New viruses were discovered in Brazil in blood samples taken between 2013 and 2016 during the Dengue, Zika and Chikungunya epidemics.
Symptoms such as fever, fatigue, muscle pain and skin rashes often indicate infection. In epidemics, these clinical signs may lead to tests that directly detect the presence of an infectious micro-organism in a sample or use antibodies specifically produced by the immune system against the microbe to infer the identity of the pathogen causing the infection. If these tests are positive, the diagnosis is then relatively clear. On the contrary, if the results are negative, the etiology of the infection, if it is an actual infection, seems to be more uncertain. Sometimes new tests are performed. But often the diagnosis is not made: If symptomatic treatment (of the clinical symptoms themselves) is proposed to accompany recovery, the identity of the pathogenic micro-organism causing the clinical symptoms remains unknown.
For example, between 2013 and 2016, a period marked by several epidemics of dengue, Zika and Chikungunya in the north of Brazil, in hundreds of blood samples taken from patients with symptoms indicative of these three infectious diseases (high fever, headache, rashes, etc.), none of the pathogens responsible for any of these three diseases was detected in the blood of any of the patients. In 2020, a team of researchers re-examined these samples, not using tests routinely used by healthcare institutions, but using techniques used in research laboratories. These metagenomic methods, which allow the sequencing of all DNA molecules present in a sample, led these scientists to discover two new types of viruses.
Metagenomics allows the analysis of the DNA sequences of microorganisms (especially bacteria and viruses) present in a sample. They are often used to study complex environments, such as intestinal microbiota, where several types of microbes live together.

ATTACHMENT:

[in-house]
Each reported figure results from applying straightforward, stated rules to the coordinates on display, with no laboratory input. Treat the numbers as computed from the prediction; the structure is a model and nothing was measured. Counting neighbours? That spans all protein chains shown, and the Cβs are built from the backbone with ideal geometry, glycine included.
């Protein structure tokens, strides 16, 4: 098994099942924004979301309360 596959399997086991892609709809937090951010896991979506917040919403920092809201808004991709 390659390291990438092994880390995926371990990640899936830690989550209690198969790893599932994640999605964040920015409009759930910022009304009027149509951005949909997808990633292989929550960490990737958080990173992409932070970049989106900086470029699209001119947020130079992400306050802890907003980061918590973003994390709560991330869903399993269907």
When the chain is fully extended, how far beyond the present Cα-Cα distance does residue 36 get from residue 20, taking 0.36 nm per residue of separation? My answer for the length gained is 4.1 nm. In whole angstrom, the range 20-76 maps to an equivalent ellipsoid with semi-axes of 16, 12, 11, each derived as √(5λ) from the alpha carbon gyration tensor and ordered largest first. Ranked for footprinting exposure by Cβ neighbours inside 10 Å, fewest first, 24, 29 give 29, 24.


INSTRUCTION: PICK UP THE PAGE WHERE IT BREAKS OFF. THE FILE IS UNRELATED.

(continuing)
Discovery of two viruses of the Parvoviridae family in humans
In a study published online by Plos One, researchers showed that of the 781 samples that tested negative for dengue antibodies, particularly Zika and Chikungunya, two samples each contain a viral genome that has never been described before.
In fact, the first sample contained an unknown viral species that the researchers believe belongs to the genus chapparvovirus. Since it is known that this virus genus infects many mammals, this discovery seems to have been a small surprise for Brazilian virologists: Although chapparvoviruses have been described in birds (turkeys, cranes, chickens, peacocks) and fish (tilapia, Black-striped pipefish), several microorganisms of this genus were discovered in 2000, infecting rats, mice, dogs, but also pigs, bats and, above all, several monkeys. Since the species barrier between some of these mammals and humans is apparently not very difficult for viruses to overcome, the detection of a Chapparvovirus in humans, therefore, seems logical. However, are the infection symptoms of the patient to whom the sample belongs attributable to this new virus? In other words: is this unknown Chapparvovirus pathogenic? Once the ability of a chapparvovirus to cause clinical symptoms of disease in rats has been demonstrated in the laboratory, further studies will need to be carried out to clarify the consequences of infection with this virus in humans.